Just about everyone has an opinion about an ideal vacation, and planning for the trip can be exciting. In order to pay for the trip, however, you need to know what you’re paying for and how you’ll save enough money. Read these tips to set up a savings account to fund your ideal vacation.
If you’re looking for a travel destination where you can enjoy a great round of golf, consider Singapore. You can book Sentosa golf club in Singapore, or find other great golf courses in the same area. On the other hand, if you just want a beautiful beach, you can try South America or locations in Southeast Asia.
A long-term budget
Creating a budget requires careful planning. Assume, for example, that you want to save $3,000 for a two-week trip to Europe. To reach your savings goal, work through these steps:
- Monthly net income: The starting point is your monthly net income. If you’re an employee, your net income is the net amount you receive in your paycheck each month. Net income is harder to compute if you’re self-employed, because your income may vary from one month to the next. If you’re self-employed, calculate your average monthly income for the last three to six months. Make sure that you deduct any tax withholdings you set aside to pay federal and state taxes.
- Your monthly budget: Many people use a mobile app to plan and track their personal finances, while other consumers use a notebook. If you don’t create a monthly budget, start by writing down your spending in a notebook. Jot down your net monthly income at the top, and create a line item for each expense you pay. Use your bank statement and credit card statements to determine the total spending in each category.
- Fixed vs. variable spending: Once you have each line item of spending, label each expense as either a fixed or variable expense. Your car payment and insurance premiums are typically fixed monthly expenses, and your meals and entertainment costs are variable.
Assume that your net income is $5,000 each month. Your fixed expenses total $4,000, and your variable expenses sum up to $1,000.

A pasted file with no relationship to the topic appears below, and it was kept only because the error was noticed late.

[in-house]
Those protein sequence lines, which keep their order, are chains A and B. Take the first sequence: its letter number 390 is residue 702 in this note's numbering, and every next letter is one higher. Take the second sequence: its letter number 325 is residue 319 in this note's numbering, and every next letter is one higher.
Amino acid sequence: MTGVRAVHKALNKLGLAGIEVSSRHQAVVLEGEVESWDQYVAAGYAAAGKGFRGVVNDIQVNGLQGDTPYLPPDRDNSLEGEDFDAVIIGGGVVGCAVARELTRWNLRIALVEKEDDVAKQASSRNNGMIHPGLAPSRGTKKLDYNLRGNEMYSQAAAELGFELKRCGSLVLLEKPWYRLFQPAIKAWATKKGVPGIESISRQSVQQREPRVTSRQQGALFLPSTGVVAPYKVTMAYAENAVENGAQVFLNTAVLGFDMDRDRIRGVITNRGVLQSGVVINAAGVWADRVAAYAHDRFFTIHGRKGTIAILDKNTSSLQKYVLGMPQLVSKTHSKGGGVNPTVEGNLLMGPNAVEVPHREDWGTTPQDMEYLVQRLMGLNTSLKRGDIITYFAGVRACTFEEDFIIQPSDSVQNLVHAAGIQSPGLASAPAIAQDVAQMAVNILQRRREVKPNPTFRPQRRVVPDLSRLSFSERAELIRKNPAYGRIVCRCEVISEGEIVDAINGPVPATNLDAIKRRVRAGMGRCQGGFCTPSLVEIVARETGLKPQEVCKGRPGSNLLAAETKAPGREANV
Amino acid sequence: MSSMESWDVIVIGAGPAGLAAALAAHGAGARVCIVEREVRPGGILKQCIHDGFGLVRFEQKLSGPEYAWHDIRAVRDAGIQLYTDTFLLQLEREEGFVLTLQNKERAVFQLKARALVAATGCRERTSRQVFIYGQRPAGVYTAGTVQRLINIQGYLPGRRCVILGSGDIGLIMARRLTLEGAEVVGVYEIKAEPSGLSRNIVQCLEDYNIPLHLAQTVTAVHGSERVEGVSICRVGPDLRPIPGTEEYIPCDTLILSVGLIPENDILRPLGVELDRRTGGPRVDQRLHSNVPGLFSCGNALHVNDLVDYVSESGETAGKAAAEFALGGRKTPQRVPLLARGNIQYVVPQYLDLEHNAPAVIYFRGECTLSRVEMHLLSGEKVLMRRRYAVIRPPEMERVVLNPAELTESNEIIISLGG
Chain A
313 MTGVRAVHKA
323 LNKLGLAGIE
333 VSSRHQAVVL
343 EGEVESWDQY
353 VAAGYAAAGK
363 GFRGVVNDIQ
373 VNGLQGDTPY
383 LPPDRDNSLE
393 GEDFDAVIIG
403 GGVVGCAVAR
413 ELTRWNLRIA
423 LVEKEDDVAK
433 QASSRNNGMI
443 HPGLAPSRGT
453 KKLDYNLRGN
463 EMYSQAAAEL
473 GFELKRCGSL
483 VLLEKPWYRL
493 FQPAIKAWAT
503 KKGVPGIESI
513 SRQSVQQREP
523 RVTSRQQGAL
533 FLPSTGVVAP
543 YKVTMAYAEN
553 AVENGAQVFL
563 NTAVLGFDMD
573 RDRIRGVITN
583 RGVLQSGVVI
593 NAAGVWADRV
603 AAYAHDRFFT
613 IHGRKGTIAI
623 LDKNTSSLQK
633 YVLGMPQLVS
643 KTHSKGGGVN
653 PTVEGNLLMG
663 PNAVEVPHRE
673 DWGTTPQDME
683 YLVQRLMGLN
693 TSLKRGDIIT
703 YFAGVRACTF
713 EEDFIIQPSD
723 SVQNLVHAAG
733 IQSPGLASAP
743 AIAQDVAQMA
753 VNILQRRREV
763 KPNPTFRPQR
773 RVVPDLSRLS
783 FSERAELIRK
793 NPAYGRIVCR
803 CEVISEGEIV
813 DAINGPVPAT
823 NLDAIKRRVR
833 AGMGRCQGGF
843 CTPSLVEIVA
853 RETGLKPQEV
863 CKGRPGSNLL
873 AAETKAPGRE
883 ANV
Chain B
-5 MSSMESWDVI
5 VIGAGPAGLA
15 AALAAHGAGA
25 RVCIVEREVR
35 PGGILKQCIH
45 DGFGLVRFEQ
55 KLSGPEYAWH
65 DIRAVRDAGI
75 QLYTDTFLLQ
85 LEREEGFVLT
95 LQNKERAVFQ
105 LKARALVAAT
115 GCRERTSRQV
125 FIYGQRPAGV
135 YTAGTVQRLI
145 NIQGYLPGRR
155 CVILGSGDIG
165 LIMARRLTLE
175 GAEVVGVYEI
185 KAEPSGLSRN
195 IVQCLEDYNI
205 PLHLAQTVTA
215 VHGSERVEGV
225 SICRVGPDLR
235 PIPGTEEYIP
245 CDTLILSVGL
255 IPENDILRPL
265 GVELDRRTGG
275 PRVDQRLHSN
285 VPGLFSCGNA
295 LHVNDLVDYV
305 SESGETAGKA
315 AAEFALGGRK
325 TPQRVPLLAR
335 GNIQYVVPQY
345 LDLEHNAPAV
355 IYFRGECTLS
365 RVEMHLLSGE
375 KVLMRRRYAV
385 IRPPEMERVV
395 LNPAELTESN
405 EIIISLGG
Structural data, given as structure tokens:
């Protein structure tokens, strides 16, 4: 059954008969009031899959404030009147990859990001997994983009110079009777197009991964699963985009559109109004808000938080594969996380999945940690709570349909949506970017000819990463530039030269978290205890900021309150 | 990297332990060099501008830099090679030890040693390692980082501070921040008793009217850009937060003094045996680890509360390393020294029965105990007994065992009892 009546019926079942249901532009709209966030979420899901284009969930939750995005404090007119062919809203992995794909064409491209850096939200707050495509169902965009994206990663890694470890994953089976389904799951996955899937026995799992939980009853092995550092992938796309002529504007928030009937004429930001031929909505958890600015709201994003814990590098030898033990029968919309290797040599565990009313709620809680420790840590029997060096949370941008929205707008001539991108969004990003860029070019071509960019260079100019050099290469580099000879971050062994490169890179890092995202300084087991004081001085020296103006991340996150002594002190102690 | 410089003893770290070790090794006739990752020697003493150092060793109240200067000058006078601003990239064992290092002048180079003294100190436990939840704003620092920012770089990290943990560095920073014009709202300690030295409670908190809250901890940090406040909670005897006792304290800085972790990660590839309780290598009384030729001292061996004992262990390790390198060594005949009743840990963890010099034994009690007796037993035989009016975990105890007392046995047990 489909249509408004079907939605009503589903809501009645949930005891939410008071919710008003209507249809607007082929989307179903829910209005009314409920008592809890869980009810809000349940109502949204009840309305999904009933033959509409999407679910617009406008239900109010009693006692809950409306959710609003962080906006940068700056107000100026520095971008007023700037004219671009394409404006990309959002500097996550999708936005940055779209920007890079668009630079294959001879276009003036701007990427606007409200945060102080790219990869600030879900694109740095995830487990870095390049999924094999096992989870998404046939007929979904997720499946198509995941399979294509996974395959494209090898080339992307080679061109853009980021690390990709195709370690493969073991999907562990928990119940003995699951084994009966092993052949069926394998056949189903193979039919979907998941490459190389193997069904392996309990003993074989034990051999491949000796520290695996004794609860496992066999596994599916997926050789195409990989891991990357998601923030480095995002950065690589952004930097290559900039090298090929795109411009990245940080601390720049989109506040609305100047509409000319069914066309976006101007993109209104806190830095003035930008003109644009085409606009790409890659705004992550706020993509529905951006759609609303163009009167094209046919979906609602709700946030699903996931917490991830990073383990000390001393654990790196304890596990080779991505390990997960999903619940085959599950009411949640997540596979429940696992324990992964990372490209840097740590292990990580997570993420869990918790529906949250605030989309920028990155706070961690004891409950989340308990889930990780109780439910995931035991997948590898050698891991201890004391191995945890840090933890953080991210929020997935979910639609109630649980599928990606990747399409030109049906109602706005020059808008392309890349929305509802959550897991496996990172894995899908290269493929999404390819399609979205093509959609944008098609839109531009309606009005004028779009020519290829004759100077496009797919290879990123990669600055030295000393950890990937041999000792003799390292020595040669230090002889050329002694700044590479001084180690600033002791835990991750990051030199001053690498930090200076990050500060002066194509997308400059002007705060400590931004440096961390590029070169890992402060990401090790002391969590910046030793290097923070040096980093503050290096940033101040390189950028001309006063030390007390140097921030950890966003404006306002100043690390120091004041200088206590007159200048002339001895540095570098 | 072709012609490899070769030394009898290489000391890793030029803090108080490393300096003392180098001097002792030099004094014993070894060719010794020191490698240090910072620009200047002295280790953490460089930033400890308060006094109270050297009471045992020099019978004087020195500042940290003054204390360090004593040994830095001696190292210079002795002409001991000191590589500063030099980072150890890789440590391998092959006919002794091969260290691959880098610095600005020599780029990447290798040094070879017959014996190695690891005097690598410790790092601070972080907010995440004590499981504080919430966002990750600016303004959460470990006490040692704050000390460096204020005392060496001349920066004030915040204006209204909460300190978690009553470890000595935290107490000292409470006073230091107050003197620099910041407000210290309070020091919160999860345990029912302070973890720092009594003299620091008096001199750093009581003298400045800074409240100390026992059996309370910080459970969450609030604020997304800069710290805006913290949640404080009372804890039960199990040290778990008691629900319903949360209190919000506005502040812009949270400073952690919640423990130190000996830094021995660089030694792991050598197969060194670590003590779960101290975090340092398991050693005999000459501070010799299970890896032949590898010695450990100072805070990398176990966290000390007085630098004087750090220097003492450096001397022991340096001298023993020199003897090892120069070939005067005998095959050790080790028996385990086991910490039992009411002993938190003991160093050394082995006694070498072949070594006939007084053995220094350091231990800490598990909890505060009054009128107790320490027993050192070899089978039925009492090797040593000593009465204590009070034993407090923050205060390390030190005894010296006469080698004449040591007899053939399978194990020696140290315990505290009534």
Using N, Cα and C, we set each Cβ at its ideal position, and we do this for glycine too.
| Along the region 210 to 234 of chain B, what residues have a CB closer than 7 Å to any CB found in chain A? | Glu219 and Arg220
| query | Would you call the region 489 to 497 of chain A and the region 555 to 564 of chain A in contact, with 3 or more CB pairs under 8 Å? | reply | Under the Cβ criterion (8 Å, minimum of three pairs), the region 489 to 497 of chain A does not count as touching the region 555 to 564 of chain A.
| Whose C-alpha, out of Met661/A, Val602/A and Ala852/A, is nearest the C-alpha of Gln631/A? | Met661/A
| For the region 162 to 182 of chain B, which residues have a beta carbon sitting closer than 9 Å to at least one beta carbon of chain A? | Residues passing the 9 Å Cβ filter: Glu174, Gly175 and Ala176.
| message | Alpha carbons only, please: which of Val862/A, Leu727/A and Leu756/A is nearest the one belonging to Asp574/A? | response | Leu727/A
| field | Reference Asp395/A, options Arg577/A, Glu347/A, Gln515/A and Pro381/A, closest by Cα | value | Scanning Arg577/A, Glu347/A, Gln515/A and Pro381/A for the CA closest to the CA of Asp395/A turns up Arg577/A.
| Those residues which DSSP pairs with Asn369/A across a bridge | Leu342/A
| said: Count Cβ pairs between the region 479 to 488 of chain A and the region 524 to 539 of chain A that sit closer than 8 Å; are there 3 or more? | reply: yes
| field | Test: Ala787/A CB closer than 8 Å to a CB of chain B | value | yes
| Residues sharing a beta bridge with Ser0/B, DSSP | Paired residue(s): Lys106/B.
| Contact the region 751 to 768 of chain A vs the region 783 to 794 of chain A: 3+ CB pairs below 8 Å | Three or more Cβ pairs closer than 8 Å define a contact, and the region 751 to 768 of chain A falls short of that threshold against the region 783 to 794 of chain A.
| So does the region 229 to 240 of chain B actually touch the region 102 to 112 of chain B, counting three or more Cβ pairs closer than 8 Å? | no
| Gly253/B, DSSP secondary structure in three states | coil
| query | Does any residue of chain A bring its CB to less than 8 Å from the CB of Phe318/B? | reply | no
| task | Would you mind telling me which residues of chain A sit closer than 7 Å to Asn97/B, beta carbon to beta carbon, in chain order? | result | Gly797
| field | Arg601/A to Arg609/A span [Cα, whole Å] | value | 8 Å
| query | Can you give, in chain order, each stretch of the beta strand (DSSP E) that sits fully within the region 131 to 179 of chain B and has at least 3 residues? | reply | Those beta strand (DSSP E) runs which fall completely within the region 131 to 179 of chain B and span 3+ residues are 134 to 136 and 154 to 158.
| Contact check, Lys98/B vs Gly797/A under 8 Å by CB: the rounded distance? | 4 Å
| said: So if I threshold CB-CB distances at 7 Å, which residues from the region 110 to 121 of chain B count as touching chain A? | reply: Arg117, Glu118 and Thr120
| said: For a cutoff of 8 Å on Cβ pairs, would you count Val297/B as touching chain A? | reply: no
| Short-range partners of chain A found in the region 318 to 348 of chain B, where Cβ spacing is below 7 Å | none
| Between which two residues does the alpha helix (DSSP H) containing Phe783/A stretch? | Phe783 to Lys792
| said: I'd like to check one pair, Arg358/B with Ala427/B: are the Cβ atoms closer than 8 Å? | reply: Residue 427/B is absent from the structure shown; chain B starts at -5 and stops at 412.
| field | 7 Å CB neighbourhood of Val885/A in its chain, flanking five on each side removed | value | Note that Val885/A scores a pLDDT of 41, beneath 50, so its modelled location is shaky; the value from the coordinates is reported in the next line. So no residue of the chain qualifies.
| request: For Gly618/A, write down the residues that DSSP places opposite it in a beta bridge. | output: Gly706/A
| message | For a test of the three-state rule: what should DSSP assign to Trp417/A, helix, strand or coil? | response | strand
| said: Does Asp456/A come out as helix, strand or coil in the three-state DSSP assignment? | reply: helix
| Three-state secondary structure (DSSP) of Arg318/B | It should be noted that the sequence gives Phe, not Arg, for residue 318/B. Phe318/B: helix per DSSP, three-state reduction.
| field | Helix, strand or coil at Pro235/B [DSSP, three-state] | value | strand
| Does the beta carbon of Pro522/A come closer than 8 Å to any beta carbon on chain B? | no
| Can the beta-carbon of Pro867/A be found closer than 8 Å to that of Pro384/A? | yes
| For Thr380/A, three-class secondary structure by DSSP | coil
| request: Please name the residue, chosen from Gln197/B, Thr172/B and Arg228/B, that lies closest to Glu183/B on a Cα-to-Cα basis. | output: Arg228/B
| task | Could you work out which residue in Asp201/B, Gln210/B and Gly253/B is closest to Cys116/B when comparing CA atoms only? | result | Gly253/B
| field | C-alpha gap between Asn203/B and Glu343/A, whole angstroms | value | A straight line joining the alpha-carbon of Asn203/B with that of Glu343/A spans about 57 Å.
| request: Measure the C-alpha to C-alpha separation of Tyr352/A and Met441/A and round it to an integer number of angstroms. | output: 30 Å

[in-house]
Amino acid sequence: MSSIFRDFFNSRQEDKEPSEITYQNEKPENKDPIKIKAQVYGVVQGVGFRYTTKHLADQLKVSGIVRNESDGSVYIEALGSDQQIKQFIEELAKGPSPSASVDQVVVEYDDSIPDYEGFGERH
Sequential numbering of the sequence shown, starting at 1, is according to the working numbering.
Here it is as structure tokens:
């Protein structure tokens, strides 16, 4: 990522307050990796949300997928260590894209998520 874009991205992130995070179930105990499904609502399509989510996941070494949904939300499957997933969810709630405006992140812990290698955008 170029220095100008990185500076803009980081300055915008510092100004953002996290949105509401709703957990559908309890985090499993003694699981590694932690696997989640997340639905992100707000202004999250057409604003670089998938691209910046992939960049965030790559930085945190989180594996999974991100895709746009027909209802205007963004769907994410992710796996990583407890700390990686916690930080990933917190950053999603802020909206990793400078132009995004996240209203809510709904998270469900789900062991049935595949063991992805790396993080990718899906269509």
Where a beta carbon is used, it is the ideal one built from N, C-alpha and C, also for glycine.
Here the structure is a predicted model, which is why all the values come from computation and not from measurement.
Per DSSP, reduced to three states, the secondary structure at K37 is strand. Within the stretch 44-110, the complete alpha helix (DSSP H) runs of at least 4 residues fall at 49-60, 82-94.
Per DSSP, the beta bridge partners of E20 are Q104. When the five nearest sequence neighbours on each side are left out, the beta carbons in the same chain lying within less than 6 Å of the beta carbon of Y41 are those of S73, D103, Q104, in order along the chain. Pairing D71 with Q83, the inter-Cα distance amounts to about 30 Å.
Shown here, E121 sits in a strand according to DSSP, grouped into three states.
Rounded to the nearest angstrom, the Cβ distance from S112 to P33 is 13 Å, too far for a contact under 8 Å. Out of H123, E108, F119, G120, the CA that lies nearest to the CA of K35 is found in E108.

Creating a savings account
If you don’t have a savings account, you can reduce your spending to create one. Take a hard look at your variable expenses, because those costs can be cut back. This involves an item-by-item review of your spending. Here are some ideas for cutting variable spending:
- Dining out: If you eat four meals a month in restaurants, try cutting it back to once or twice a month.
- Coffee, lunches: This is an area that is often ignored in budgeting, and your expenses in this category can add up quickly. If, for example, you buy coffee at Starbucks five mornings a week, make coffee at home a few of those days. Also, try making lunch more often, rather than picking up food somewhere during the day.
- Entertainment: This category might include attending movies, renting movies online, and attending museums, or concerts. If you like watching movies, rent more movies at home to cut expenses.
Once you make your cuts, add up your savings. Commit to funding a savings account each month. You can have your bank move money from checking into savings automatically on a specific date, so you can “force” yourself to save. If, for example, you’re able to save $300 a month, you’ll have enough saved for your $3,000 trip to Europe in ten months.
Keep in mind, however, that you may have an unexpected expense during that three-month period, such as a car repair. Try to build some additional savings into your plan, to cover those emergency expenses. Instead of three months, you may plan your trip for 12 months from now, which would give you $600 to cover an emergency.
Stick to your budget
Your vacation budget should cover airfare, hotels, taxi and shuttle services, and any other fees you’ll pay along the way. With proper planning, you can save enough money for your ideal vacation.